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Information on Faith-Based Drug Rehabilitation

Last updated on: Wednesday, 18 October 2023
  • What You'll Learn

DRS recognized that faith is an integral part of the rehabilitation process. Countless individuals attribute their sobriety to a rekindled faith. Many of the faith-based drug rehab centers provide therapy and support. Our comprehensive directory provides detailed information about these facilities and how to contact them for help. Below, you can use the filter by choosing a state in order to find a faith-based drug rehabilitation program for your needs.

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List of Faith-Based Drug Rehabs by State

Here is access to our entire faith-based drug rehabilitation database. Please select a state. If you need help locating the right treatment for you, do not hesitate to contact one of our treatment specialists at 1-800-304-2219.


Type of Treatment

Faith-based substance use treatment programs approach alcohol and drug addiction from a spiritual, personal perspective while also focusing on physical and psychological rehabilitation. Many faith-based rehabilitation programs view an individual’s addiction as an attempt to compensate in some way for an inner sense of spiritual emptiness or lack of spiritual worth. However, there are countless reasons why someone becomes addicted to drugs or alcohol. Faith-based rehabilitation programs teach those within the program how to strengthen their own spiritual foundation and personal resolve. Also, the program finds out what caused them to use drugs or alcohol in the first place. Faith-based programs focus on increasing self-worth to help overcome their need for drugs or alcohol.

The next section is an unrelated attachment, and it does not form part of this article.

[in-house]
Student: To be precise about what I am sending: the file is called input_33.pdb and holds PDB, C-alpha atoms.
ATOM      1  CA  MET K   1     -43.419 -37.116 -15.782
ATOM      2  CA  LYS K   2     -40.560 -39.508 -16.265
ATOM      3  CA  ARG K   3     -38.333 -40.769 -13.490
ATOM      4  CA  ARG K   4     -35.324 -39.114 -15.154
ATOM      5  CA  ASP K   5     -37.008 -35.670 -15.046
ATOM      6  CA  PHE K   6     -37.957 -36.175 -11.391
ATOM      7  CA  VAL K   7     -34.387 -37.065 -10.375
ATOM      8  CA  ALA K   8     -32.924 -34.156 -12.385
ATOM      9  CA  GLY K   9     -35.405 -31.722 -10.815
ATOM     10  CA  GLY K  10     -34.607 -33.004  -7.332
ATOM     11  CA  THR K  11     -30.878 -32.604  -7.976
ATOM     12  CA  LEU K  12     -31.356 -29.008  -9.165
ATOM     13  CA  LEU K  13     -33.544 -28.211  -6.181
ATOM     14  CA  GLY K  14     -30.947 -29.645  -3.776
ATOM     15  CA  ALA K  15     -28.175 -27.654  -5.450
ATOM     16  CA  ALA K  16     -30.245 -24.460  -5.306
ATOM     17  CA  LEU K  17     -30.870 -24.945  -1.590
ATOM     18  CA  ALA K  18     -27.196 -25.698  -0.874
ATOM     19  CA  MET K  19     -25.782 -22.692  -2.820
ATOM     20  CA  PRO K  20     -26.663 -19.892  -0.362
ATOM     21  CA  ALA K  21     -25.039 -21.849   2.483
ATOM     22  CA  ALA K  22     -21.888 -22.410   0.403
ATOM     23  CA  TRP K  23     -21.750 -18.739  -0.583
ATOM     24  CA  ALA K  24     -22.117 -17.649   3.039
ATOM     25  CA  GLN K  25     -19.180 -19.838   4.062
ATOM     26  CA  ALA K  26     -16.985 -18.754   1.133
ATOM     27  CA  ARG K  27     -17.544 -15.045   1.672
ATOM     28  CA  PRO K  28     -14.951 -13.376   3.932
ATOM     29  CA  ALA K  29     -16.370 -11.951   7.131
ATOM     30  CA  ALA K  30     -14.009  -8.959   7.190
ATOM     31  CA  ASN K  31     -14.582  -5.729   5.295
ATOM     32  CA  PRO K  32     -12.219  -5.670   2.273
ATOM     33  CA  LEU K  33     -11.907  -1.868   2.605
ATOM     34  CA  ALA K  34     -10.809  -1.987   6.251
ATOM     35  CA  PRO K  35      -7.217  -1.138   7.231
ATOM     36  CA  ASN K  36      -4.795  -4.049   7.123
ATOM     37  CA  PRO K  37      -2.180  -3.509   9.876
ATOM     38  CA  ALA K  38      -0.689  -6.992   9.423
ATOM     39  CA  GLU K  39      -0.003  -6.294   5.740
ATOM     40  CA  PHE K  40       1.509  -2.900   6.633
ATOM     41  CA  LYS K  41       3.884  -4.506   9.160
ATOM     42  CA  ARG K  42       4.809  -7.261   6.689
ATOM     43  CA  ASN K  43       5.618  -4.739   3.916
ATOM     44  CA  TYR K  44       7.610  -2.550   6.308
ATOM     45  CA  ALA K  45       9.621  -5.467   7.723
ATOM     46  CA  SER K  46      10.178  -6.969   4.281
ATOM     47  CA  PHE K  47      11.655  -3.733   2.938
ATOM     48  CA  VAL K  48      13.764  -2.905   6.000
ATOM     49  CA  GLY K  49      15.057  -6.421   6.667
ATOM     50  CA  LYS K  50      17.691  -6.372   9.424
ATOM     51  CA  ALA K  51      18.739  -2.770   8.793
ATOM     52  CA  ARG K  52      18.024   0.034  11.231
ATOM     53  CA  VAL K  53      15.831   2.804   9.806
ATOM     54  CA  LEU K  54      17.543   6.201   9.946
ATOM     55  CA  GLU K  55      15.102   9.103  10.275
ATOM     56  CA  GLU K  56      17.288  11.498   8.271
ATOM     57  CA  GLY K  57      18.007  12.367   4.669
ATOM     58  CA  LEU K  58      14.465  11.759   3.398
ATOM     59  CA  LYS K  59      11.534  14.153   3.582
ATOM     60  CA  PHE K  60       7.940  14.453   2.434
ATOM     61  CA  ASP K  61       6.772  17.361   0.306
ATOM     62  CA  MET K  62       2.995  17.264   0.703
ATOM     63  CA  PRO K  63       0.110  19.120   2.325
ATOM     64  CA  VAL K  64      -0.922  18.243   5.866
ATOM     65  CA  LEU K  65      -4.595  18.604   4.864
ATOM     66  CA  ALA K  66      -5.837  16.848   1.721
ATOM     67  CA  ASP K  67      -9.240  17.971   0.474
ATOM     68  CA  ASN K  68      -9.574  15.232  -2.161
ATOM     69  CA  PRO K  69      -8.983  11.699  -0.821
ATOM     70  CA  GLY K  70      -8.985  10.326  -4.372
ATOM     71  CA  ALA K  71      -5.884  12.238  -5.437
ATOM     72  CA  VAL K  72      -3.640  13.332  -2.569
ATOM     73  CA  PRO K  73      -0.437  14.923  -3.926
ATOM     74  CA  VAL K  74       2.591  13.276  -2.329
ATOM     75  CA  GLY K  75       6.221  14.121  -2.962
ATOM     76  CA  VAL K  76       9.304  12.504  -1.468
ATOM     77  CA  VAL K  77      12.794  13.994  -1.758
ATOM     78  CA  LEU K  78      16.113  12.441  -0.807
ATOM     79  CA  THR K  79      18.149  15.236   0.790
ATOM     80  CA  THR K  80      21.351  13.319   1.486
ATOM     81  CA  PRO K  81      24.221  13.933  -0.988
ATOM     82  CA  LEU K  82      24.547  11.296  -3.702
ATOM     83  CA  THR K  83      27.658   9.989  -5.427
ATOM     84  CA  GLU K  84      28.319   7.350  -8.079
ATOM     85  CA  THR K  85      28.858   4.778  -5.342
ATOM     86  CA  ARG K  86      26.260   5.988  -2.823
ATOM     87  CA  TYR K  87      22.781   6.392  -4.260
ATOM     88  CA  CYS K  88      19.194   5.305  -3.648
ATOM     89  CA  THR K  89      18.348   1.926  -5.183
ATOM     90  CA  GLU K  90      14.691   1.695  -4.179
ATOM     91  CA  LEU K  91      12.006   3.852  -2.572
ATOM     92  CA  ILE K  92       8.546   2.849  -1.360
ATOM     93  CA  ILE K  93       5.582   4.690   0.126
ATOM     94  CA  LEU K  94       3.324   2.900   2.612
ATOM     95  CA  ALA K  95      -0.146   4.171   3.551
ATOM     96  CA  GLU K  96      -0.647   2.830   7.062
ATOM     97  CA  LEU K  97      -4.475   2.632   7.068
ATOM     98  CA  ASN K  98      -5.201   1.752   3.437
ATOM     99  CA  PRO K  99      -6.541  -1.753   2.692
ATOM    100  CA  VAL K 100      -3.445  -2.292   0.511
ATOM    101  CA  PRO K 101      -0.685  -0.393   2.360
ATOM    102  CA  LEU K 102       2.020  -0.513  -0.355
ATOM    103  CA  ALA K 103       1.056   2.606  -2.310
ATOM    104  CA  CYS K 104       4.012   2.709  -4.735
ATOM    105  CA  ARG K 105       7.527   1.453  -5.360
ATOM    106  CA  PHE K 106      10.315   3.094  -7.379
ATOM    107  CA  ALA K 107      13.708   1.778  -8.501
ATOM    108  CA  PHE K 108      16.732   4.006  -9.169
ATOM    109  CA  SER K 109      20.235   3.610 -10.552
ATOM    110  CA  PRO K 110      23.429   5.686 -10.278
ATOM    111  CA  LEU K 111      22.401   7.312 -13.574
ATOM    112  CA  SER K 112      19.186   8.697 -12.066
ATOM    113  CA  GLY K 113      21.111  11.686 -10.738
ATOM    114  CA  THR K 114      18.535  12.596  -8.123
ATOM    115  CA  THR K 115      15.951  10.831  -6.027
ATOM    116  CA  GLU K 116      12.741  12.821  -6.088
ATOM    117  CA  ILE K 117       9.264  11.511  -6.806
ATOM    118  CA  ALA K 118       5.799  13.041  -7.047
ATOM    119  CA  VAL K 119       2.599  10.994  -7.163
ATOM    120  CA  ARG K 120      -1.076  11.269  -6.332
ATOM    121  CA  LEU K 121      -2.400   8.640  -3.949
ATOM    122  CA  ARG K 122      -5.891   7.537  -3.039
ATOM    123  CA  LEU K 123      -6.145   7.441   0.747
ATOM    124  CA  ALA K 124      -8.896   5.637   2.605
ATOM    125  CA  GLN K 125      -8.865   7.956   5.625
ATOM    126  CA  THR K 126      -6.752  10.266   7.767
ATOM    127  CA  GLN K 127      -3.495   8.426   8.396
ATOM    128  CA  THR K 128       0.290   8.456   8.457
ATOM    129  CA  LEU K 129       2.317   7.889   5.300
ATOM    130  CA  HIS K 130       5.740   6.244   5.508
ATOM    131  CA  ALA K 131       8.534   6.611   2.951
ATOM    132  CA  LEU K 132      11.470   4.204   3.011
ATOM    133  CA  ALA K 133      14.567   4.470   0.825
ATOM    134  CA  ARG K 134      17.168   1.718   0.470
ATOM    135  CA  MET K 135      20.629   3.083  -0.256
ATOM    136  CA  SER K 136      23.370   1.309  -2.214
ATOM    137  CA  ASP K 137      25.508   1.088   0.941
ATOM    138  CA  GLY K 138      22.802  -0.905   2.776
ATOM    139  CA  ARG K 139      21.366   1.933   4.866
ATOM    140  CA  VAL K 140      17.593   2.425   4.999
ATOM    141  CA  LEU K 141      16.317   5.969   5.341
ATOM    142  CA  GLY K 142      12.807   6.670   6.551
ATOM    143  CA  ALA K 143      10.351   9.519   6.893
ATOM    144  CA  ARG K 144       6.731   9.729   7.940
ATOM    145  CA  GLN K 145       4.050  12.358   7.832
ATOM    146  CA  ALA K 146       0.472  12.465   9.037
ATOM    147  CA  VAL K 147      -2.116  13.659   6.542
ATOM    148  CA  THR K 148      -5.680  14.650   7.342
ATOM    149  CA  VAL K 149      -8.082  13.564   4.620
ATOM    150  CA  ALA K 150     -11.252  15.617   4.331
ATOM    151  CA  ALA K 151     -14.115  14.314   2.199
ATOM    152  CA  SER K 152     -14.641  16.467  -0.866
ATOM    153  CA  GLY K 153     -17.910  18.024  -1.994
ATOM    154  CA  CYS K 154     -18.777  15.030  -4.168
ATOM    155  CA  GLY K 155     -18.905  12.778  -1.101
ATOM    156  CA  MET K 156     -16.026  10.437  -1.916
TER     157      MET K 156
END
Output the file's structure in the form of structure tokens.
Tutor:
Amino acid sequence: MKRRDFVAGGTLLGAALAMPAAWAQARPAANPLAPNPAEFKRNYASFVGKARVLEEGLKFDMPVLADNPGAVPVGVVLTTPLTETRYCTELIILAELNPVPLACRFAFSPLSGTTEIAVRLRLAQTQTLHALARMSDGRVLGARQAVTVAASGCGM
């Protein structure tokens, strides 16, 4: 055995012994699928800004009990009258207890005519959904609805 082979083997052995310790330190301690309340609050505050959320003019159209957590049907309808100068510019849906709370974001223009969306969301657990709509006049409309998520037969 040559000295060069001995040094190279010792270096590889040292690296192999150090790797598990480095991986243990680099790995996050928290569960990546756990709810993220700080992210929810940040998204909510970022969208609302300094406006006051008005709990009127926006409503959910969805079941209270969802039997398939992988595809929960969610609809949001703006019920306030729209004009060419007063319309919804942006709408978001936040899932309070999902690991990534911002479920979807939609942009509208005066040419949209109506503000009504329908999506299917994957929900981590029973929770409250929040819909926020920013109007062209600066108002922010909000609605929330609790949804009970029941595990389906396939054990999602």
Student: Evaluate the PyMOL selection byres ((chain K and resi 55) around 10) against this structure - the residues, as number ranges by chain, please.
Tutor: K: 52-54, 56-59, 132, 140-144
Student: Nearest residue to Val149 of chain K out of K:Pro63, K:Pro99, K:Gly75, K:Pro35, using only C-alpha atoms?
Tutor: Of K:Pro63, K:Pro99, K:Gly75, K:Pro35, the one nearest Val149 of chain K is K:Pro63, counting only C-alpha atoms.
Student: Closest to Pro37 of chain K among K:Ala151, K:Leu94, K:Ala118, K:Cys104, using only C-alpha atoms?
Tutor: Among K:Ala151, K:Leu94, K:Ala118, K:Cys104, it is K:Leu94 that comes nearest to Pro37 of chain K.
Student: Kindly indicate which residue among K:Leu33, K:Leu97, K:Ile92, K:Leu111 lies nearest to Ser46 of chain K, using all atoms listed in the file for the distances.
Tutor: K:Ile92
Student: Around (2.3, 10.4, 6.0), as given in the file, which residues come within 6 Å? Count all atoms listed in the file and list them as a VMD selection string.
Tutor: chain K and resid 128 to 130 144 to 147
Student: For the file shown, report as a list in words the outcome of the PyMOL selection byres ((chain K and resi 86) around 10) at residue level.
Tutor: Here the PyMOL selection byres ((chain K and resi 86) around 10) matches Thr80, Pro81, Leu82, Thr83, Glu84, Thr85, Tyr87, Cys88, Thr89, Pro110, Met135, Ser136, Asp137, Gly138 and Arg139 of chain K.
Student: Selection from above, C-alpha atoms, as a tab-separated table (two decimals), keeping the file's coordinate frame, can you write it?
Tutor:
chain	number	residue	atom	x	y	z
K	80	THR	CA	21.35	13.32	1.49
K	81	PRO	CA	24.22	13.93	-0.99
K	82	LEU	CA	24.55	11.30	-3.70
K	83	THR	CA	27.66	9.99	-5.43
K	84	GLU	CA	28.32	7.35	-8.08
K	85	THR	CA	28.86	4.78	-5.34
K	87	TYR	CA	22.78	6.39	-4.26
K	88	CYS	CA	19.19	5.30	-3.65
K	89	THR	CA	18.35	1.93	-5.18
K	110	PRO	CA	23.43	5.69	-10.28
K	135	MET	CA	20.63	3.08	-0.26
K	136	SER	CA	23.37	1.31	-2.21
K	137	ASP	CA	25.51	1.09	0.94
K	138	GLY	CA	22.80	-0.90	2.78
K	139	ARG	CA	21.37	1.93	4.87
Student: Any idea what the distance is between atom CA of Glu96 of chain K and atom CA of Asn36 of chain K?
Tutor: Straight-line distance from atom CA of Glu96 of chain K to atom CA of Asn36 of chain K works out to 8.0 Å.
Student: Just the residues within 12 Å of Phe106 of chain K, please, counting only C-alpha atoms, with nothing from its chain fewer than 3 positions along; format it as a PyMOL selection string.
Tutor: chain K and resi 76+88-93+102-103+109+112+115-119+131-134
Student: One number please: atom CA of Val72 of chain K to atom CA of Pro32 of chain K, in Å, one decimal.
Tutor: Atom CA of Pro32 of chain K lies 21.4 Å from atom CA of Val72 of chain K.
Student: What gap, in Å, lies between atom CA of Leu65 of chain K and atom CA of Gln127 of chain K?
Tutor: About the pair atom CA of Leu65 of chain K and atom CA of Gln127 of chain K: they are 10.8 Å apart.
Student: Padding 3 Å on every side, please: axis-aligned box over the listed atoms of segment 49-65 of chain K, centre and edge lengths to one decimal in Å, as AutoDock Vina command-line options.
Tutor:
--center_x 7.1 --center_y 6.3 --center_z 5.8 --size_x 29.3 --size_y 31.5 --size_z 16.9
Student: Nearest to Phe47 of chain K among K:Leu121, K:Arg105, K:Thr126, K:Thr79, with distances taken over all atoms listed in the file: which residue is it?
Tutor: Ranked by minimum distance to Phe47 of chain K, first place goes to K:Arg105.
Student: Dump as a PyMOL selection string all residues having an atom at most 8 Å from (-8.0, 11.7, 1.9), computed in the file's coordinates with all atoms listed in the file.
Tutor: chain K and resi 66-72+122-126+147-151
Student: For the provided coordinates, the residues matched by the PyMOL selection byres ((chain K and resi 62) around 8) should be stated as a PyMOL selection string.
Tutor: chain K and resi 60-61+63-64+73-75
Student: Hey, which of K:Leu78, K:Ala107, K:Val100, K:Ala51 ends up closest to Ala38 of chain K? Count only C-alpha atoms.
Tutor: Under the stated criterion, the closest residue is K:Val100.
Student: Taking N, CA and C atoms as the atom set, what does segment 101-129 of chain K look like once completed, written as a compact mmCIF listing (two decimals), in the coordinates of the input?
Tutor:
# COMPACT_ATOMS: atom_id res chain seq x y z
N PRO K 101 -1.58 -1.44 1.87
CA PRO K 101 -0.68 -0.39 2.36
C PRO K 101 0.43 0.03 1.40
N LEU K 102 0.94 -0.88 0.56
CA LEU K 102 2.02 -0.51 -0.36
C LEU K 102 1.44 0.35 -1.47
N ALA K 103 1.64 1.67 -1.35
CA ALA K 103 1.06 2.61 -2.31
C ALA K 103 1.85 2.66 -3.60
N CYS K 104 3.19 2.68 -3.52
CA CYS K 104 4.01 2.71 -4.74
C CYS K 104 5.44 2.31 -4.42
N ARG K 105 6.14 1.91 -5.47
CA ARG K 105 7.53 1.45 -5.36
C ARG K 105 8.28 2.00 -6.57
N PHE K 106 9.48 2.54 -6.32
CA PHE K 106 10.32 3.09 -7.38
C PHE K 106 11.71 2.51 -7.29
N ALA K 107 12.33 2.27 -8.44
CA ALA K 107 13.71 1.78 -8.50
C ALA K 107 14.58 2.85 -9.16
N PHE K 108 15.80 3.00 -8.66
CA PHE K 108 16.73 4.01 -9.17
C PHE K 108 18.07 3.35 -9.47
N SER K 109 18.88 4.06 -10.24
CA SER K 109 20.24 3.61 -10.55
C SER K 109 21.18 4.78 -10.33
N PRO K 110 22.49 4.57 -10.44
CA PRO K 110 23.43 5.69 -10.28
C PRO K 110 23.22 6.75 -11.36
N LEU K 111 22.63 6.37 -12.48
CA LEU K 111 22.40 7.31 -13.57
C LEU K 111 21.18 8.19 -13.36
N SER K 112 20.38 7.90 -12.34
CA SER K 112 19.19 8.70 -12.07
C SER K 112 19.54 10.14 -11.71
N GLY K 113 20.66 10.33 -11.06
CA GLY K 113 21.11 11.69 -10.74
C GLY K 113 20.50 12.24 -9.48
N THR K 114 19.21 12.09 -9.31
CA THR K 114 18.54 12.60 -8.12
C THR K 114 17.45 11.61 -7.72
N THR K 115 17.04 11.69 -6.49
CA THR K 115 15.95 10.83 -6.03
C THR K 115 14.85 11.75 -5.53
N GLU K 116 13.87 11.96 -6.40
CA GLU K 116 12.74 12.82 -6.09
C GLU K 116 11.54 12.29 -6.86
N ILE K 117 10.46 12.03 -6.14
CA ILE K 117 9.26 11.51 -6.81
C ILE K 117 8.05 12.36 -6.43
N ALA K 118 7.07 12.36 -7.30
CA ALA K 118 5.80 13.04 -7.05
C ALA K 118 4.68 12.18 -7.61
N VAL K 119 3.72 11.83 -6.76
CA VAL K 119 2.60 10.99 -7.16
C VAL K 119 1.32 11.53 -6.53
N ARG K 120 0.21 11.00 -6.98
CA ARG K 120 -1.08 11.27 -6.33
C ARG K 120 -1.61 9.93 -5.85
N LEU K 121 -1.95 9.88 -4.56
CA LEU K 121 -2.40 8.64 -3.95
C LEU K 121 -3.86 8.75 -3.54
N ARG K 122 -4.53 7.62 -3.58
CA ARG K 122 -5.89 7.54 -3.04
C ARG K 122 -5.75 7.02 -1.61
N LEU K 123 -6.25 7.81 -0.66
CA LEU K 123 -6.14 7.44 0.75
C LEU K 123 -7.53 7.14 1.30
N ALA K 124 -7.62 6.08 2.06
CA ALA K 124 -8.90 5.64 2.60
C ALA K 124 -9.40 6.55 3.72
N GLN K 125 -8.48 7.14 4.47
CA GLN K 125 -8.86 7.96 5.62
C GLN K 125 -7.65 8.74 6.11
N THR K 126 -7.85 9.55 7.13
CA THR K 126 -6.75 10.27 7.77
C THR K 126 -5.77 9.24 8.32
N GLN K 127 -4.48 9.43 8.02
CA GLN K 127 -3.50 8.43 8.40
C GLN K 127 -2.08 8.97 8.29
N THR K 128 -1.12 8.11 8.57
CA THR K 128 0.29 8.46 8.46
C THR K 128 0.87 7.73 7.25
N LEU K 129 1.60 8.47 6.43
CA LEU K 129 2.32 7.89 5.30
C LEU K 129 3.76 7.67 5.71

Overall, spiritual substance use treatment programs provide the very same similar therapy and tools as any other rehabilitation facility. Faith-based treatment centers teach spiritual principles, religious morals, and encourage spiritual involvement. There is a focus on the relationship with a higher power during the healing process to achieve sobriety. The process of incorporating spirituality and faith into substance use treatment has been around for a long time. Faith-based approaches have been a successful approach in rehabilitating people from addiction throughout the years. According to a research paper published in the Journal of Religion and Health, the authors say, “it is clear that religion and spirituality—which refer to collectively as faith—are exceptionally powerful, integral and indispensable resources in substance abuse prevention and recovery” (introduction).